Generally when it is said that groundwater is of good quality, it is considered to be safe for human and animal consumption, taste good, has no colour or odour and is not chemically "very hard" (very high concentrations of calcium and magnesium).
Water quality testing will determine the health and safety of a water supply and the results will reflect the quality of the natural environment within the capture zone of the water well and may be reflective of land use in the immediate vicinity of the source.
Groundwater acquires the water quality characteristics of the geological materials it passes through, by dissolving chemical constituents (iron, manganese, calcium, magnesium, sulphate, nitrate, arsenic, etc.). To ensure water is safe for use, water quality tests generally assess the following:
- Physical Characteristics (colour, pH, sediment)
- Chemical Characteristics (iron, arsenic, calcium, magnesium)
- Biological Characteristics (bacteria, parasites, viruses)
- Radiological Characteristics (uranium, radon)
Rural water well owners must accept the responsibility of monitoring the quality of water and maintaining the integrity of their well and distribution systems. Agricultural producers should ensure the water quality is safe for its intended use (livestock, irrigation, dairy, food processing, domestic use). Local health departments can assist in selecting tests important for assessing a domestic water supply.
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Water quality testing
It is highly recommended that bacteriological analysis and chemical analysis should be performed whenever a new water source is constructed or when purchasing a new rural residence with a private water supply. These tests should also be performed before and after any well restoration work or when a change in water quality is noted. However, a single water sample often does not provide enough evidence that a water supply is safe from contamination.
Groundwater quality must be tested regularly, as water quality varies over time. Ideally, rural agricultural wells should be tested in the spring and fall, after a major weather event or after alterations to the well or distribution system to ensure the water is safe for its intended use (livestock, irrigation, dairy, food processing, domestic use). For rural water wells that are not under the direct influence of surface water, it is important to consult with your local health or environment department for further guidance to develop a sampling regime for bacteriological analysis and routine chemical analysis specific to the intended use of your groundwater supply.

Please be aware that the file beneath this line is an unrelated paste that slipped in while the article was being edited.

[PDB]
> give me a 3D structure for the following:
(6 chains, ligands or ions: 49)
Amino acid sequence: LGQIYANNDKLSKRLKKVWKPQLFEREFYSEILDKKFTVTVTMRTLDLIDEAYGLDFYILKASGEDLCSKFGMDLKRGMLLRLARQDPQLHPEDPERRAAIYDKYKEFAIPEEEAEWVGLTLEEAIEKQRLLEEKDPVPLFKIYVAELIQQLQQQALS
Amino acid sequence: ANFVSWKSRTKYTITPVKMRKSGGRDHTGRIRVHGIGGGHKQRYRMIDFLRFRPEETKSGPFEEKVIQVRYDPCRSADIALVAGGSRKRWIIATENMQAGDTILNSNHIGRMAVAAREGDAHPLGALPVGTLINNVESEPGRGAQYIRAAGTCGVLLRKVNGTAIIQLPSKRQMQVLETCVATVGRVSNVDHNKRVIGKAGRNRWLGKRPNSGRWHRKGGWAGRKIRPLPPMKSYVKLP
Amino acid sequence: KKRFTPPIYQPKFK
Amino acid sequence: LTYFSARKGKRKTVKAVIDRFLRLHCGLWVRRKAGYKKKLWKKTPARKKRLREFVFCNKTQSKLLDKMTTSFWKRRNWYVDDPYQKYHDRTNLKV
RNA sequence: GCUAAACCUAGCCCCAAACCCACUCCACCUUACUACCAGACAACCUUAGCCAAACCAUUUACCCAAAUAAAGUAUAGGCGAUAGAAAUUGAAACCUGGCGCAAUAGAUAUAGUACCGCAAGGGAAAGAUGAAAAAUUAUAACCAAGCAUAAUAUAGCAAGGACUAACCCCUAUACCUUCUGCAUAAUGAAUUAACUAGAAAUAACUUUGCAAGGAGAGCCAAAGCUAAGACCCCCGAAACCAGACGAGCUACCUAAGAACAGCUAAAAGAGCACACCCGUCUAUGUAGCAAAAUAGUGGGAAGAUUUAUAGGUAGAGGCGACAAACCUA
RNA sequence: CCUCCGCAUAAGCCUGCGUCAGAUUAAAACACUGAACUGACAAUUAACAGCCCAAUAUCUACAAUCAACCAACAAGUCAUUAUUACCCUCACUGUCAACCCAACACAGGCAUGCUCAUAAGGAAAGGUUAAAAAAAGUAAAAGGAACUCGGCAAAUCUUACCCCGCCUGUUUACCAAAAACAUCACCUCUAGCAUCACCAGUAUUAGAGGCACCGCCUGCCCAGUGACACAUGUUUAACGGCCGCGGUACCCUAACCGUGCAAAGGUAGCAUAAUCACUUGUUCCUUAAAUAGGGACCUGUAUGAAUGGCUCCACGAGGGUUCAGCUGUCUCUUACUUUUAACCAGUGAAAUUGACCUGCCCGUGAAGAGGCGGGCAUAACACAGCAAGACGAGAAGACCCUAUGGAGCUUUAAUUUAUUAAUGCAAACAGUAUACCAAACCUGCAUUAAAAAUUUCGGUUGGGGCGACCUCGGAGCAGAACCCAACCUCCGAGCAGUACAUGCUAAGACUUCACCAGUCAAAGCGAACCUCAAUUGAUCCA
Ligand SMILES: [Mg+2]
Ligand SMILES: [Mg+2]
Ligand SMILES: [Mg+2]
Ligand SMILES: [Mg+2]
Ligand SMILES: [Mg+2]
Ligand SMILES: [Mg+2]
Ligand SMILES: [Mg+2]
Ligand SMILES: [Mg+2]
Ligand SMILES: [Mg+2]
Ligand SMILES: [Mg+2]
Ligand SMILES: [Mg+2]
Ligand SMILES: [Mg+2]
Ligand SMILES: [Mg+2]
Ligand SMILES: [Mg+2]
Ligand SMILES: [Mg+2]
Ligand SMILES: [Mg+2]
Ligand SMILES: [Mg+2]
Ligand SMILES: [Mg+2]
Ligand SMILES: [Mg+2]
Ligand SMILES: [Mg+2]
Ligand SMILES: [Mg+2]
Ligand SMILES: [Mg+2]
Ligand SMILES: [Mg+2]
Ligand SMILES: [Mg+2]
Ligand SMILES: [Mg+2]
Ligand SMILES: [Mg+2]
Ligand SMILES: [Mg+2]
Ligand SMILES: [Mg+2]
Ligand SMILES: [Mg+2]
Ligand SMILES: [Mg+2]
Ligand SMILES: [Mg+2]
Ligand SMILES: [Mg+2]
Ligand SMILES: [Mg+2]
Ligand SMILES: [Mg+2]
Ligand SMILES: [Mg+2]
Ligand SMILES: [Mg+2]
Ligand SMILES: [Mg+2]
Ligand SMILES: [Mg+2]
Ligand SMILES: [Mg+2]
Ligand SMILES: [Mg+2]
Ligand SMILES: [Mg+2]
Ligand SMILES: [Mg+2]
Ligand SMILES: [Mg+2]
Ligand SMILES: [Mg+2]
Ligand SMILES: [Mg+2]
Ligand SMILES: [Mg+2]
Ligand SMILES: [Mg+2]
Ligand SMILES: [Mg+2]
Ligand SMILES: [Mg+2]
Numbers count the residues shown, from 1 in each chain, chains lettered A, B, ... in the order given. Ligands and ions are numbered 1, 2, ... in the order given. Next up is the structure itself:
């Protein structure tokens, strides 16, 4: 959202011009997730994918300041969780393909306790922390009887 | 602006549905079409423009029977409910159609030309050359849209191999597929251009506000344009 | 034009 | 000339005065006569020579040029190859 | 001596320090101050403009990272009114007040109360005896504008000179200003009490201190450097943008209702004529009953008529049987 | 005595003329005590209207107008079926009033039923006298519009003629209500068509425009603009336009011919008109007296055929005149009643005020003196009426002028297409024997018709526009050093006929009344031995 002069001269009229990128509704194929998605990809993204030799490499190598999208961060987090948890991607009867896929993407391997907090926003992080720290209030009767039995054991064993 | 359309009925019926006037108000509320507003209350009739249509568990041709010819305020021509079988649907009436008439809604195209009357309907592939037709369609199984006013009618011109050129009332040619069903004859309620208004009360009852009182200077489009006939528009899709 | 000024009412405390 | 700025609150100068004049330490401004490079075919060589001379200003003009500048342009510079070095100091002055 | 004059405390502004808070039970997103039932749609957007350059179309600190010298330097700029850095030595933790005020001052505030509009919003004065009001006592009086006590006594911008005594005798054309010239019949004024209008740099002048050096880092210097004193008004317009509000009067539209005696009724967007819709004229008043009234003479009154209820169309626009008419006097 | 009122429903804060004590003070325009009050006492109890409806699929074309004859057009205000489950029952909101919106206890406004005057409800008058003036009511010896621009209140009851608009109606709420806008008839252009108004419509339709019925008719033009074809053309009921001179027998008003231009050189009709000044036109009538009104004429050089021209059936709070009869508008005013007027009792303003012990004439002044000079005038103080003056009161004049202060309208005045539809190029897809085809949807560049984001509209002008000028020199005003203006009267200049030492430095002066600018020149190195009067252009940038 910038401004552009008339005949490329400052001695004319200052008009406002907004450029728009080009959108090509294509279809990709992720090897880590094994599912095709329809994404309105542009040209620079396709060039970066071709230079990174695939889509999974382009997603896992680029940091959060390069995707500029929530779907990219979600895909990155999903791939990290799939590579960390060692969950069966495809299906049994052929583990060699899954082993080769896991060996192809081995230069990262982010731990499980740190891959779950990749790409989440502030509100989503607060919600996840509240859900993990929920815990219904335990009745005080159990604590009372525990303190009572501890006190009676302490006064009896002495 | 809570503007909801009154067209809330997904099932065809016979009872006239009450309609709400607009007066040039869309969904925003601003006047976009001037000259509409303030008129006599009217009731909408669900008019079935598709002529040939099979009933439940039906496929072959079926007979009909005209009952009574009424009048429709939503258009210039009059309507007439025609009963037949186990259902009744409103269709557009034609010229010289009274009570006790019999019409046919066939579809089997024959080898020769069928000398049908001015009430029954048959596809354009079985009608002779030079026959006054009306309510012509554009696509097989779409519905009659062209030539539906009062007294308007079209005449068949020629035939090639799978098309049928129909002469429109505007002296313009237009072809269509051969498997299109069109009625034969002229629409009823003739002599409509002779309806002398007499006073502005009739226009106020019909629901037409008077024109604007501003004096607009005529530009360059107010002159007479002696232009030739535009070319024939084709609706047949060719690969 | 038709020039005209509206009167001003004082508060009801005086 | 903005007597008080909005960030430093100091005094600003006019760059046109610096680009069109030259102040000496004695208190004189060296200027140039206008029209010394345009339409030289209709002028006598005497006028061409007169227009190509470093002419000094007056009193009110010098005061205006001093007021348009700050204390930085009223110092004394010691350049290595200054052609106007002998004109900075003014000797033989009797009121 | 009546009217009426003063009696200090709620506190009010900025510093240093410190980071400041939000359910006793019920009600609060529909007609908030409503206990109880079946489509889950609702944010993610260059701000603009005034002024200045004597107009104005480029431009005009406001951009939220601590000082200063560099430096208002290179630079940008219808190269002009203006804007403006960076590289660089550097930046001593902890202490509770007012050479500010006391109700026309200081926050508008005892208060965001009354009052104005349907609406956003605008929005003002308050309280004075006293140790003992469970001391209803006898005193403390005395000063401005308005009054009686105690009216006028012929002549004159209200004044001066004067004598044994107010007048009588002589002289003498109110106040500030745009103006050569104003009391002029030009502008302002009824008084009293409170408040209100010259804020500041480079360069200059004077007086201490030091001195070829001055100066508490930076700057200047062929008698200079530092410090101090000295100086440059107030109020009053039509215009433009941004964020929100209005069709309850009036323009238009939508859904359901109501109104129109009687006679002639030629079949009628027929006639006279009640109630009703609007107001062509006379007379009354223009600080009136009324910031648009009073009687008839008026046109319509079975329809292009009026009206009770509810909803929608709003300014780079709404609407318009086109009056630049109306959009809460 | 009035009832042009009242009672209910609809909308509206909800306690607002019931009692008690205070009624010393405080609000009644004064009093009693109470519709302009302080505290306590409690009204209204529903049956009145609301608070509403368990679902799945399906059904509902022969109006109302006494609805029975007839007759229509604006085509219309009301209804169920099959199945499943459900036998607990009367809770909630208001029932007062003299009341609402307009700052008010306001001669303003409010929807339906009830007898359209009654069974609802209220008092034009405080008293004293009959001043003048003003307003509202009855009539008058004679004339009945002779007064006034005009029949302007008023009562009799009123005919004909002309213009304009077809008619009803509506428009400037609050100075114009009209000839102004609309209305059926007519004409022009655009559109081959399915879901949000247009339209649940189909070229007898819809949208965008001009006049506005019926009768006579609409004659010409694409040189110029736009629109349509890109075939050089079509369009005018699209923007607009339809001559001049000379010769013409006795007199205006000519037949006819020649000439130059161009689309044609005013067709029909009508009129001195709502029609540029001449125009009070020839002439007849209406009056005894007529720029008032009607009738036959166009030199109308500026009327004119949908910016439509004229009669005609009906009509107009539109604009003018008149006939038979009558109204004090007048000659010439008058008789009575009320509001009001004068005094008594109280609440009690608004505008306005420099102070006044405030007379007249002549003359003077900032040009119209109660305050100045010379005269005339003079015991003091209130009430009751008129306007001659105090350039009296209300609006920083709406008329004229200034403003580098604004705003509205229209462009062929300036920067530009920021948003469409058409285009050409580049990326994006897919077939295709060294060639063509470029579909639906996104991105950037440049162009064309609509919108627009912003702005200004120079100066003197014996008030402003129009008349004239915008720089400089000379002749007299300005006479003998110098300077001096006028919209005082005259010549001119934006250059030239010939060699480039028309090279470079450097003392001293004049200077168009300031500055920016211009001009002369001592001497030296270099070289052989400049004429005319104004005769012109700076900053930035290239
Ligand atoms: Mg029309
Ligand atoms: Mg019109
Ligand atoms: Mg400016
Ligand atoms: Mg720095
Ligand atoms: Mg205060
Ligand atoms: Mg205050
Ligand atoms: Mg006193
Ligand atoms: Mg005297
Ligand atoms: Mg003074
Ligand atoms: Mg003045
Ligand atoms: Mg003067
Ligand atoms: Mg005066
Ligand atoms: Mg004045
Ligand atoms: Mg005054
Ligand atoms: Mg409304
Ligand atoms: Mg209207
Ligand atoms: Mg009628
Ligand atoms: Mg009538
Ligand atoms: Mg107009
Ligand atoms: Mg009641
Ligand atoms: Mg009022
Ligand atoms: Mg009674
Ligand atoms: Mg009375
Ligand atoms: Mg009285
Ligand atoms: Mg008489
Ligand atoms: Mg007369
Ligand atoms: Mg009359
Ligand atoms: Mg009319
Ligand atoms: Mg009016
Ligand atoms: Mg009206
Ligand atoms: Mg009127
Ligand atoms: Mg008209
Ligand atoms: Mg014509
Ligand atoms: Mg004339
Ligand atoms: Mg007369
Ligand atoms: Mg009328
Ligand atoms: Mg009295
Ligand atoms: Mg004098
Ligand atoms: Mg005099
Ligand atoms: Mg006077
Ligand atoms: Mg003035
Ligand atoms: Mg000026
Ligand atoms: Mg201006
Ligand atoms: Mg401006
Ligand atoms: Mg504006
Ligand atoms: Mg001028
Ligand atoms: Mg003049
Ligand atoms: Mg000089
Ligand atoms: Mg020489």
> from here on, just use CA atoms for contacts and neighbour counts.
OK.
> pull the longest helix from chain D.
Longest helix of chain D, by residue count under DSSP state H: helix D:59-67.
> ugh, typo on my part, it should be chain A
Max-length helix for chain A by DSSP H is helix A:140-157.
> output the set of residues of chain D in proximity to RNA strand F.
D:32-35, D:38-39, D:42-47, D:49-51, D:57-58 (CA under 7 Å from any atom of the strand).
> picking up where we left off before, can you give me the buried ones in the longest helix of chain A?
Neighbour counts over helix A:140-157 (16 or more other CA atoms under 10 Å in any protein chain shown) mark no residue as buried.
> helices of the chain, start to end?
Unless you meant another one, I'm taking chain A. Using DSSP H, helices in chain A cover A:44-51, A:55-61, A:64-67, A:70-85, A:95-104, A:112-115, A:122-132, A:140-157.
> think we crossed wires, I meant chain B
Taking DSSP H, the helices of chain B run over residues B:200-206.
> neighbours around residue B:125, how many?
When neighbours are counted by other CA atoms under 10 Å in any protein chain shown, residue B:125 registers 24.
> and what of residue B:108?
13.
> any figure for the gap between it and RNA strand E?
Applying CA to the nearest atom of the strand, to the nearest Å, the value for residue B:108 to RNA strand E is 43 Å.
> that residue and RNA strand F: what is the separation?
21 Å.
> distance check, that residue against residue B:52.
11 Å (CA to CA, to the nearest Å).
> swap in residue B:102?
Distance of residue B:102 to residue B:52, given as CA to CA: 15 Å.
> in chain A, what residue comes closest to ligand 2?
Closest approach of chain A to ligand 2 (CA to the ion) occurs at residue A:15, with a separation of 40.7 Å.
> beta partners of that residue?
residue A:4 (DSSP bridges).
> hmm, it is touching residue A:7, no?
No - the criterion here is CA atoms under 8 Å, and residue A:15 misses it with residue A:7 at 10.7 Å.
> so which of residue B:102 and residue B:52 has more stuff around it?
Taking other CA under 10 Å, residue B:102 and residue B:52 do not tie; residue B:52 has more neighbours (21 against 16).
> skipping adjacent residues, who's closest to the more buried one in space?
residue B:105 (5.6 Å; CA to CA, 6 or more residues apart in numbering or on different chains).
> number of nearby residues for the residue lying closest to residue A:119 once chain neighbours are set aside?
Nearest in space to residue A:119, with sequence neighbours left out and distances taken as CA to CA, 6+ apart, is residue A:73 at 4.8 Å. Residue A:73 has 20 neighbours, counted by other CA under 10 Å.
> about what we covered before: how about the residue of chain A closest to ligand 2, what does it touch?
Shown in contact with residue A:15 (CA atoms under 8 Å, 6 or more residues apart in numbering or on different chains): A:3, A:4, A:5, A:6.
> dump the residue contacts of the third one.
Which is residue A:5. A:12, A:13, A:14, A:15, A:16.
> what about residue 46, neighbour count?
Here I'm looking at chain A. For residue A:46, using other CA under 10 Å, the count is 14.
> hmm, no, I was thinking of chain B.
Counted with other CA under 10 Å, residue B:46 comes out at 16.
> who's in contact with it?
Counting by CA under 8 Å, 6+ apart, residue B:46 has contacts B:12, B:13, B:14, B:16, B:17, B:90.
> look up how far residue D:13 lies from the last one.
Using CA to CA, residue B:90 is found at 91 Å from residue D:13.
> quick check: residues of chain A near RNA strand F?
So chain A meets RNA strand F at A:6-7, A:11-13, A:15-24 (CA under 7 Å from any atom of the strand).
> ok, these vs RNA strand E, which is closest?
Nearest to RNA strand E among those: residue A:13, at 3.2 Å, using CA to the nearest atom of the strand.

Water quality guidelines and standards
Water quality standards for drinking water vary from country to country. In Canada, the Canadian Council of the Ministers of the Environment (federal and provincial) establish the Canadian Environmental Quality Guidelines for the protection of agriculture, aquatic life, environmental resources (water, soil), and the protection of human health. Health Canada, working with provinces and territories, establish the Guidelines for Canadian Drinking Water Quality (GCDWQ). Provincial governments establish guidelines and/or regulations for public and private drinking water supplies. The GCDWQ are determined based upon an estimate of the concentration of a constituent that a person could ingest safely over a lifetime, based upon available toxicological information and allowance for a considerable safety margin.
Water quality is important for many agricultural water uses including food processing, dairy and milk production, livestock watering, irrigation, wash water, heating, animal misting and pesticide application. Federal and provincial water quality guidelines provide information on the water quality required for specific agricultural uses. Many commercial laboratories offer test packages that are tailored to a particular agricultural application.
The Rural Water Quality Information Tool developed by Alberta and Canada is an online tool to assist in the assessment of the quality and suitability of raw water sources for privately owned and operated rural and agricultural water supplies.
Measurement and reporting
When you have your water tested, the laboratory will provide you with the concentrations of the parameters (mostly dissolved minerals) that were analyzed. Concentrations will generally be shown in: